Freedom of Expression in the News: Weekly round-up 7-13 January 2012

China: Online writer imprisoned

The Committee to Project Journalists (CPJ) reports that China has sentenced an online writer to 10 years in prison for “inciting subversion against state power.”  The trial of Chen Xi took place four days after activist Chen Wei was sentenced to nine years on the same charge.  CPJ Asia Program Coordinator Bob Dietz stated that “penalties against government critics appear to be growing harsher,” an indication that the Chinese authorities are increasingly tightening their control of dissent.

Read more:

United Kingdom: BBC wins right to broadcast prisoner interview

The High Court has ruled that Justice Secretary Ken Clarke was wrong to restrict the BBC from filming a British terrorism suspect held for seven years without trial, finding that the refusal to allow an interview was un unjustified interference with the BBC reporter’s right to freedom of speech under Article 10 of the European Convention on Human Rights. The Justice Secretary had argued that an interview was not necessary to inform the public about Babar Ahmad’s story, but the court found that the exceptionality of the case gave rise to a public interest in seeing and hearing from the suspect.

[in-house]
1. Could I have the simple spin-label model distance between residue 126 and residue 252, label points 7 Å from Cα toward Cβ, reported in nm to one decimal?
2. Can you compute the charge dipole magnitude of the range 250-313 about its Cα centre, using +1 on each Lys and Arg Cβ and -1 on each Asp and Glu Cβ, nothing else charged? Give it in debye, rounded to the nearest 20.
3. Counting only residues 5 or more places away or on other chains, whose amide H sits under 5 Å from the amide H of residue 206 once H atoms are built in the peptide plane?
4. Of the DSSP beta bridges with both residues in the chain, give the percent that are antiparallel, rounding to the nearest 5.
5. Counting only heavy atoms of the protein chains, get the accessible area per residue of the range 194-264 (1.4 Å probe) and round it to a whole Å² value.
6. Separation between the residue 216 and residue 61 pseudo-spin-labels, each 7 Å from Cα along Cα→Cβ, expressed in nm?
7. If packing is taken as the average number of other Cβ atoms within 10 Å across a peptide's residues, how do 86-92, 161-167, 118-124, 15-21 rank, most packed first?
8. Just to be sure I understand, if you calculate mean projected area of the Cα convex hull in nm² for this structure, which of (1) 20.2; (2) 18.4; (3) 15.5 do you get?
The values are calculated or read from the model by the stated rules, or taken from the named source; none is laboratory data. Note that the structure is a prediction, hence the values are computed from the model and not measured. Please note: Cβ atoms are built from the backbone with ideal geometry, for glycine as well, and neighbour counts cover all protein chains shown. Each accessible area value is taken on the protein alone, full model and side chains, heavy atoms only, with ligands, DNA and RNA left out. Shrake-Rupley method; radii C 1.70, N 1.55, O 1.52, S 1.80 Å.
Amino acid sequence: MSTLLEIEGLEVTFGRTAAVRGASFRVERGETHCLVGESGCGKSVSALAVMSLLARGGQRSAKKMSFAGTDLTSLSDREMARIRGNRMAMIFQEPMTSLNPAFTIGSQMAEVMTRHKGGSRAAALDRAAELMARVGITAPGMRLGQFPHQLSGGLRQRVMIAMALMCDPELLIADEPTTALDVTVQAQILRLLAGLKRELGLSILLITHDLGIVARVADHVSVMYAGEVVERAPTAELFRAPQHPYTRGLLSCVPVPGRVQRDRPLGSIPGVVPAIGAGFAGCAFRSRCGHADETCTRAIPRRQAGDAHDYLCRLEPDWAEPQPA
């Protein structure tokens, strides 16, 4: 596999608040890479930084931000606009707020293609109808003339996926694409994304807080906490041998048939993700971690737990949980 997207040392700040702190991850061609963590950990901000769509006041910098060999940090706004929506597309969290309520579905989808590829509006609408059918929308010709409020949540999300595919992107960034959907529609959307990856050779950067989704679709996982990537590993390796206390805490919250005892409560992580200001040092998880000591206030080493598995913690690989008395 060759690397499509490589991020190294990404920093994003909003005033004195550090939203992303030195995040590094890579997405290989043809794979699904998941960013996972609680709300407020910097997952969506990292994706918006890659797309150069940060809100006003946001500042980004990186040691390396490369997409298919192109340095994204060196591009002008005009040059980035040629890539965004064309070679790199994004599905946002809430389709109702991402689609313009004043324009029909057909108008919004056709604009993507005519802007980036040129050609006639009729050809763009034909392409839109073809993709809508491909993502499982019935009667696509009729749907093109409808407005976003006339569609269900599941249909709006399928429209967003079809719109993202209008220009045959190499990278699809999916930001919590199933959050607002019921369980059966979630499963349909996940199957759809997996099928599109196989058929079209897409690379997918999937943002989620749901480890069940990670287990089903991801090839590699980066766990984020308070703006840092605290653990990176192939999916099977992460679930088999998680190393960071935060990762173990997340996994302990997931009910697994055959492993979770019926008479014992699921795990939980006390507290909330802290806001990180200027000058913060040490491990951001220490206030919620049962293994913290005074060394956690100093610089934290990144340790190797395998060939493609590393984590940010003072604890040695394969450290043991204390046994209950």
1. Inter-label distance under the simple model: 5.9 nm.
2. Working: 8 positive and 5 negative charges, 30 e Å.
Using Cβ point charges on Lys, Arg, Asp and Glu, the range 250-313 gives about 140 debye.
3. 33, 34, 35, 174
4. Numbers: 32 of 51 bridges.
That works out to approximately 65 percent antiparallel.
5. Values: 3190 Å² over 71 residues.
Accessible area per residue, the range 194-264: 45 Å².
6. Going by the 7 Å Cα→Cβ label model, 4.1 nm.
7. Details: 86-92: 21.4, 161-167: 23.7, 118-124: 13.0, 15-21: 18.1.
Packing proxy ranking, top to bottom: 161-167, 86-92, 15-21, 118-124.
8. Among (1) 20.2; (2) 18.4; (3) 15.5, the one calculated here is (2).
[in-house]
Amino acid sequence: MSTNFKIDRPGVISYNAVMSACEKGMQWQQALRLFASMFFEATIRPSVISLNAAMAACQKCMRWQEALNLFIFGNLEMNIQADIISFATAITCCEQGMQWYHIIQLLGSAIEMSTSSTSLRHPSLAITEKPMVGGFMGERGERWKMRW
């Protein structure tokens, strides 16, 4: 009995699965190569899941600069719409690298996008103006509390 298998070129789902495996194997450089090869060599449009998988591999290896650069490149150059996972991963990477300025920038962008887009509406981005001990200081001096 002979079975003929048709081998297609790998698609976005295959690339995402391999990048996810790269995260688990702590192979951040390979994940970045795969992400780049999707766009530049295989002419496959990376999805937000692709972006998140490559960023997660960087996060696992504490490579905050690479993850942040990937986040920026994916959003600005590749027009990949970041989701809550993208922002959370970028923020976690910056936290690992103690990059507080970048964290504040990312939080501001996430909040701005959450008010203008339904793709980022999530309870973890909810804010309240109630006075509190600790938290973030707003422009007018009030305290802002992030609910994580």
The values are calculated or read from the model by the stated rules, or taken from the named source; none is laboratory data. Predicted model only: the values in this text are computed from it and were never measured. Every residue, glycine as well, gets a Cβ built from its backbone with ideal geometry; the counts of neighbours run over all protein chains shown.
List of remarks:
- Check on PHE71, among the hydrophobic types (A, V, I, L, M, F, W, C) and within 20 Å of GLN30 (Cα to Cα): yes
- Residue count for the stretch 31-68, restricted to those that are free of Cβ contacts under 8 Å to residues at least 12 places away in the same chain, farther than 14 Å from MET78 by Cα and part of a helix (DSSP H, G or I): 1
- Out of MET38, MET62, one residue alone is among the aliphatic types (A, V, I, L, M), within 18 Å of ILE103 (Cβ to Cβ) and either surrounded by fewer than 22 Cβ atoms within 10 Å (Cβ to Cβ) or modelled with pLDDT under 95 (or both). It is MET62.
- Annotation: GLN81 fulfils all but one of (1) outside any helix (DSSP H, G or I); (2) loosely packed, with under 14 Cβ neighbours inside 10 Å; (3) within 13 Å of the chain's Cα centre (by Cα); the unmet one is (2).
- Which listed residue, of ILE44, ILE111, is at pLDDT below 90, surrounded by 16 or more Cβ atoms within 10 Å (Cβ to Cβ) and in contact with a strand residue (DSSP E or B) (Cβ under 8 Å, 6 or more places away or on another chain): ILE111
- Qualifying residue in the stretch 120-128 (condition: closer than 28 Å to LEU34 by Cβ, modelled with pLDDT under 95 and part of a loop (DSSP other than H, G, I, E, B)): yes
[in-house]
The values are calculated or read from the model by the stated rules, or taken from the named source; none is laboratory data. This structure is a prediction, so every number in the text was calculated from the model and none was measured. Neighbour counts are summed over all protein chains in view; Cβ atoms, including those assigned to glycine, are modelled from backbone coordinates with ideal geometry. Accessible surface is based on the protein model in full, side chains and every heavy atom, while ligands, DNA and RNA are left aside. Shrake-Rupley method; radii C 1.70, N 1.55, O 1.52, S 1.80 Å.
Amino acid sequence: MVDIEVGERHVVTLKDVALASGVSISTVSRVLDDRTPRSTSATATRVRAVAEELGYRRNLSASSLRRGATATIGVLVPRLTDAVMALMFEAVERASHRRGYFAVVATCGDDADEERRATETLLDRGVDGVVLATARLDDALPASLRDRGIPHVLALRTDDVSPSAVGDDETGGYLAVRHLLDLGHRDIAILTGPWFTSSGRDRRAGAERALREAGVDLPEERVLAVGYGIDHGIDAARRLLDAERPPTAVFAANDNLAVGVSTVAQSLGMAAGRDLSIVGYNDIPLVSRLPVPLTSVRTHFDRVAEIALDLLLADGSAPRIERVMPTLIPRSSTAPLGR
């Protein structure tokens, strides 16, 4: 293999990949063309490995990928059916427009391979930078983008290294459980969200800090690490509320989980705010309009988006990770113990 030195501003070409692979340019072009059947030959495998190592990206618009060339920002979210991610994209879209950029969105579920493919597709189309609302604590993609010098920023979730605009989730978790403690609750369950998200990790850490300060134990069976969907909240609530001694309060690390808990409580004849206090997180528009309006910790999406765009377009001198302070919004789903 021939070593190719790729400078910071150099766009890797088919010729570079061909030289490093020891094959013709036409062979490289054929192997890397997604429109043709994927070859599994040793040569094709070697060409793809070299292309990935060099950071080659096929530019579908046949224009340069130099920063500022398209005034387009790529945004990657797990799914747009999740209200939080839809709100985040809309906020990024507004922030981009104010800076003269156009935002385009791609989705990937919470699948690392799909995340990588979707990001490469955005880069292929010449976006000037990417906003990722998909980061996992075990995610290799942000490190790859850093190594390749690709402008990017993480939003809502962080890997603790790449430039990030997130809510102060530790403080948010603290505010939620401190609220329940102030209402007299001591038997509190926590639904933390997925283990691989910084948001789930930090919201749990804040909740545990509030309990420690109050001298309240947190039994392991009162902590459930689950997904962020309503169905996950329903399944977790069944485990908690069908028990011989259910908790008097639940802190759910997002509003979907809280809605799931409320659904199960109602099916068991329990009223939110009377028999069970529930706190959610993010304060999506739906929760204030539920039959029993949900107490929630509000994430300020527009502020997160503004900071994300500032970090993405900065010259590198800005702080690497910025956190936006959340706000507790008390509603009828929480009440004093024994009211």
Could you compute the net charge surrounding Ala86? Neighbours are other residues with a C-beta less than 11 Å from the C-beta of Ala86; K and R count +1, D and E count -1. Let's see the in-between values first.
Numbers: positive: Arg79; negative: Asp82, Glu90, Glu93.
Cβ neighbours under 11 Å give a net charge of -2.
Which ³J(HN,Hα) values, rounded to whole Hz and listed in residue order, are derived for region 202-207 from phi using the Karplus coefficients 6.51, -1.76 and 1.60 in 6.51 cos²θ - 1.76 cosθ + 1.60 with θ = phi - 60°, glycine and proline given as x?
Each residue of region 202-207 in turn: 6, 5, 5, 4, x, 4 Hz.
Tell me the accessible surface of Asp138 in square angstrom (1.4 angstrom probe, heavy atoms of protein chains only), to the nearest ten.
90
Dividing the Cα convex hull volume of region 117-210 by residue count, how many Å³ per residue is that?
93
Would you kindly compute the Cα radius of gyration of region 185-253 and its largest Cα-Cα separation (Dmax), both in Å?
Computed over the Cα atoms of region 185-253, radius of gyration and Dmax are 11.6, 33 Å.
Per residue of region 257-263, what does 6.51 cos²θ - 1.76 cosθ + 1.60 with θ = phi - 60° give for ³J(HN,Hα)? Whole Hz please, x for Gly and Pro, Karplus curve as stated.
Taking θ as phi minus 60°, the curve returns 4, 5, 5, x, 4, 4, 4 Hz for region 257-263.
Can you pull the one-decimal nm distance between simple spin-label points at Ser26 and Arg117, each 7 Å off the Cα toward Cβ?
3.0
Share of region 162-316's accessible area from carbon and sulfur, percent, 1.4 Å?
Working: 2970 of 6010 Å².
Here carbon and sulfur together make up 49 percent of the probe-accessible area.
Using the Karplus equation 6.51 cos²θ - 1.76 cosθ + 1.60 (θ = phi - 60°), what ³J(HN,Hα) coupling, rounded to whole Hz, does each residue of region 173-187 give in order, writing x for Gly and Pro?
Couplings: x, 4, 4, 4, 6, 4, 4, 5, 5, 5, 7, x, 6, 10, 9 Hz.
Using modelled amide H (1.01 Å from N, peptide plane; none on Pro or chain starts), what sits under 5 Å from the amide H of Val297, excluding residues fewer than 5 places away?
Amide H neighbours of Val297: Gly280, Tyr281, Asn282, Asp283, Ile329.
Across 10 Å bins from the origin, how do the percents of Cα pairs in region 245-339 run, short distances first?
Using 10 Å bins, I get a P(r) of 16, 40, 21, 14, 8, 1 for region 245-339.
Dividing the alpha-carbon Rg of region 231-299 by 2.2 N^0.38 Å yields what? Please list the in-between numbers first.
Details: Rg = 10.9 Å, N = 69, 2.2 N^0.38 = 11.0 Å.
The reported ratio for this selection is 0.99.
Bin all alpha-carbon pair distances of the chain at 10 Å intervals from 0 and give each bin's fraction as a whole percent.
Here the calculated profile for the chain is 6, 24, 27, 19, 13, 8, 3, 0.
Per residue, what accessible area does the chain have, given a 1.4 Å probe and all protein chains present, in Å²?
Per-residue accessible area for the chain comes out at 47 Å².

Read more:   

Thailand: Thai panel calls for overhaul of law forbidding royal insults

An independent commission has sent a letter urging the Thai Prime Minister to amend the country’s current “lese majeste” law, which imposes heavy penalties for defaming, insulting or threatening the monarchy.   The law has faced increased criticism from international human rights groups in recent months in the wake of several high-punishment convictions.

Read more:

Pakistan: CPNE expresses concern over threat to journalists

In the wake of revelations by prominent Pakistani journalists that they had received death threats, on January 8, 2012 the Council of Pakistan Newspaper Editors (CPNE) urged all institutions to respect the right to freedom of expression, as guaranteed under the Constitution of Pakistan. The CPNE also reiterated that it will continue to advocate for freedom of the press.